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Popular Android Apps Covertly Talk to Remote Servers for No Apparent Reason

Your favourite Android apps continue to covert chat with remote servers, raising suspicions while also eating your Internet bandwidth, MIT has reported. The private university investigated top 500 popular Android .....


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Old 23-11-2015
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Popular Android Apps Covertly Talk to Remote Servers for No Apparent Reason



Your favourite Android apps continue to covert chat with remote servers, raising suspicions while also eating your Internet bandwidth, MIT has reported. The private university investigated top 500 popular Android apps to find that much of the data transferred to and from them make little to no difference as far as user experience is concerned.

The investigation, led by Julia Rubin, a post doctorate at MIT's Computer Science and Artificial Intelligence Laboratory (CSAIL), reported that half of the covert communications done appear to be initiated by standard Android analytics packages. The analytic packages report statistics on usage patterns and program performance intended to help developers improve their apps. But the remaining 50 percent of the communications weren't initiated by these packages, and more importantly, they added no value to the user experience "There might be a very good reason for this covert communication. We are not trying to say that it has to be eliminated. We're just saying the user needs to be informed," said Rubin.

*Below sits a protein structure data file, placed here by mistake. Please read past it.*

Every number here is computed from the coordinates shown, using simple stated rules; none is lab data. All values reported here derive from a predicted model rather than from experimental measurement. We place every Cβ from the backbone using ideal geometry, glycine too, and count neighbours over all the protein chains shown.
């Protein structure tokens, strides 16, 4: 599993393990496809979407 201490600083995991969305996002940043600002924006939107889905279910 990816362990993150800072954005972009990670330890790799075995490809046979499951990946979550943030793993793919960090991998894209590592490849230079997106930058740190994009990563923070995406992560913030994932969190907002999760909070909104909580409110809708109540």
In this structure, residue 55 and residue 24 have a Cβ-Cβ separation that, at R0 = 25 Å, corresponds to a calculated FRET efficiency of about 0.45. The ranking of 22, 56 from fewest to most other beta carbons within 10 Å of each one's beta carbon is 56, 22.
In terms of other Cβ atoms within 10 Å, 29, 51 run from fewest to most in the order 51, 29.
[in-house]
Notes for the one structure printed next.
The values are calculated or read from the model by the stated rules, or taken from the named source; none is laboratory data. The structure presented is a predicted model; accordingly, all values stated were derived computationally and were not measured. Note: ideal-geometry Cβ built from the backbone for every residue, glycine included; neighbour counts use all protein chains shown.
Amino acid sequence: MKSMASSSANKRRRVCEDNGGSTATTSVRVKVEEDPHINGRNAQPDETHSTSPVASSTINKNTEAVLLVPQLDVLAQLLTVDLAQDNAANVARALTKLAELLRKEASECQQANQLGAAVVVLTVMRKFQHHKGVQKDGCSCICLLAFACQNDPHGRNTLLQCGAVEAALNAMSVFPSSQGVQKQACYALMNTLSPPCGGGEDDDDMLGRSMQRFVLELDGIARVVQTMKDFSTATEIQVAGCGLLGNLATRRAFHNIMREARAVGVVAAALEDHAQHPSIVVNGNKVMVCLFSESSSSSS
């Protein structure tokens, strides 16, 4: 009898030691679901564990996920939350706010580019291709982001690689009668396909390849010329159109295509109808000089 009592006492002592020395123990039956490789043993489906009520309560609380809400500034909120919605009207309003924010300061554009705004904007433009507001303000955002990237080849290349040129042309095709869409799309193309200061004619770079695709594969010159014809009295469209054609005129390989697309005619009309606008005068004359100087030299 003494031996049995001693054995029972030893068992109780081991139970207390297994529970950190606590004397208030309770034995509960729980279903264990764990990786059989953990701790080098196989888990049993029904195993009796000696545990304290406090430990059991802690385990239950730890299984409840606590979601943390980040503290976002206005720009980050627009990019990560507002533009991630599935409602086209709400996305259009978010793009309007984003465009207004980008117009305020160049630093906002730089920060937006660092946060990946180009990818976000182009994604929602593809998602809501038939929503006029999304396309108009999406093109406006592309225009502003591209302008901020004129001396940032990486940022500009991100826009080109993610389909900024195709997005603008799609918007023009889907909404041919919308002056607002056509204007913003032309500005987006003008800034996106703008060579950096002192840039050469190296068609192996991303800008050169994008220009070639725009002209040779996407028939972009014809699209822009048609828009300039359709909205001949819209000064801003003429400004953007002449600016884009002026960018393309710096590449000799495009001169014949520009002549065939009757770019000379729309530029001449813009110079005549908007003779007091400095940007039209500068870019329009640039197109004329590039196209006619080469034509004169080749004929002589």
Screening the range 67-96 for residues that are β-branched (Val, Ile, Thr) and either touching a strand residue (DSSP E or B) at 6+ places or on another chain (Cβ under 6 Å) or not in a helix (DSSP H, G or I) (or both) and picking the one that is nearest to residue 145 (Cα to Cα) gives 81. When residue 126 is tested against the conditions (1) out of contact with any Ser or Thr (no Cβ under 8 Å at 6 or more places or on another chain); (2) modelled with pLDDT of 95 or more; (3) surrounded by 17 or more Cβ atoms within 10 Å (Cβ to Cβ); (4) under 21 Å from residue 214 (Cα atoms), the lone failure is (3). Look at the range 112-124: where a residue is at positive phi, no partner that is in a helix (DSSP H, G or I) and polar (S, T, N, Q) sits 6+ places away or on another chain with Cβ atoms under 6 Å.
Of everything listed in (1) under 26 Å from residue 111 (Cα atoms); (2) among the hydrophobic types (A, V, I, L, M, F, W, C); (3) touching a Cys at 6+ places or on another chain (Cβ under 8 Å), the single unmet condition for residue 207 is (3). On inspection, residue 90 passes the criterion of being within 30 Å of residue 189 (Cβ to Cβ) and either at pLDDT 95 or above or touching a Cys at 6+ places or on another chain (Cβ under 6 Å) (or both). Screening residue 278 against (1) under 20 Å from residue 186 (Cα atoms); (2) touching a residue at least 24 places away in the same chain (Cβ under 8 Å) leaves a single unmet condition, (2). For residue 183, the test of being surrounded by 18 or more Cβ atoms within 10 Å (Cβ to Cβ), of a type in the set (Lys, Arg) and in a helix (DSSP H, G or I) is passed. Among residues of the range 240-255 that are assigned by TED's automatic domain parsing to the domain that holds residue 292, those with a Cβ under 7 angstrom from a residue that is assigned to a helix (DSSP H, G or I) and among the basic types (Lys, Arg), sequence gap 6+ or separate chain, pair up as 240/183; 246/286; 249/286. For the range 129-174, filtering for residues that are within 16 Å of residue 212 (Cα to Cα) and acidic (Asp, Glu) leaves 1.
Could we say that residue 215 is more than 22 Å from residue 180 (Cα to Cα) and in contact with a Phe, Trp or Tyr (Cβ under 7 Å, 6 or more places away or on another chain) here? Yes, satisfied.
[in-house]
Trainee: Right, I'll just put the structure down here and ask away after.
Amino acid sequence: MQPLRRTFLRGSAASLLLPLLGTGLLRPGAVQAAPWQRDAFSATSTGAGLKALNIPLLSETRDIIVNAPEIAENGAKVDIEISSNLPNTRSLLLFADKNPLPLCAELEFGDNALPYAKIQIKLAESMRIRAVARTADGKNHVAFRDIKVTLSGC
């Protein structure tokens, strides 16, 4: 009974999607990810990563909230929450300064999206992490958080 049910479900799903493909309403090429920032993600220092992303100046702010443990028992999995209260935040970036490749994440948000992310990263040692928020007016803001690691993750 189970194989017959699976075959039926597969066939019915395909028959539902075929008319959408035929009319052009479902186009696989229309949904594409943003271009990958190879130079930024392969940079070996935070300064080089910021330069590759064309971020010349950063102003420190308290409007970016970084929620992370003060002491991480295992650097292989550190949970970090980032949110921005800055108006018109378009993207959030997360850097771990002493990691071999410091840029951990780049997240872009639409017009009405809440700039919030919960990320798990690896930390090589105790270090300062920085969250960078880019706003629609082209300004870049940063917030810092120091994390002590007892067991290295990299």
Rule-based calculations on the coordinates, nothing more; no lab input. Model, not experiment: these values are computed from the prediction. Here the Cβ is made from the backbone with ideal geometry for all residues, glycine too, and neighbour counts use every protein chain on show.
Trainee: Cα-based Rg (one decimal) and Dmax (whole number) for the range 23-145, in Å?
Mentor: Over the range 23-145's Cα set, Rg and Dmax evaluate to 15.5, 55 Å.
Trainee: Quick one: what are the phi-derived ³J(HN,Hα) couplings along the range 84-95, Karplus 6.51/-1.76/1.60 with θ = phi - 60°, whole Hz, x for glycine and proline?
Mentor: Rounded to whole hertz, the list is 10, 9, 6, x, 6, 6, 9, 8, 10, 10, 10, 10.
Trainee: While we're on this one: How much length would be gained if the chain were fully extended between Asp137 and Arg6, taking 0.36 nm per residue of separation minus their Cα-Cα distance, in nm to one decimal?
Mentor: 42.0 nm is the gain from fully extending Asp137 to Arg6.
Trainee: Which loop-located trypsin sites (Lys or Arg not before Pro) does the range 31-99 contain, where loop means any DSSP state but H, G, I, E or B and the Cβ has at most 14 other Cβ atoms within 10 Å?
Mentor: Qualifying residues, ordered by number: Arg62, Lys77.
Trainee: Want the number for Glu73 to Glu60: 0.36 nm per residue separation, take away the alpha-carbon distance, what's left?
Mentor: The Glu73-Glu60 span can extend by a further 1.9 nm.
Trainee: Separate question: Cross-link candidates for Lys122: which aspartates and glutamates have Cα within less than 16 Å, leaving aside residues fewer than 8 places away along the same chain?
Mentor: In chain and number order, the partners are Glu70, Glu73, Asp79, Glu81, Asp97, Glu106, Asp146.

"Our analysis shows that 63 percent of the external communication made by top popular free Android applications from Google Play has no effect on the user-observable application functionality," the researchers wrote in a paper. Twitter app for Android was found quietly collecting information about videos and other rich media attachments followed by the users in tweets. Facebook, similarly, was found to use social-graph services and transmit data about app usage.

While the team couldn't find out the purpose of these communications, it did note that in short sessions, these ate up to 50 percent of Internet data. The data usage went down when a user downloaded an app or something, or watched a video on the Web, however.

To prove its point, the team modified 47 of the top 100 Android apps to see if it made any difference to their functionality. They noted that 30 of such apps offered no difference, but in nine apps, ads were found to be missing, though apps continue to run as usual. In the case of Wal-Mart app, for instance, the team noted that it saw the app sending information to a server that appears to be associated with eBay. Disabling this connection didn't affect the app's behaviour.

The Android mobile ecosystem continues to be a concern for anyone who cares about security and privacy. The poor adoption rate for newer version of Google's mobile operating system has made it possible for the company to reset one's passcode to access a vast majority of Android handsets, should a court issue such an order. We also have adware such as Shedun, which can download and install apps on your handset even if you have explicitly cancelled the installation.


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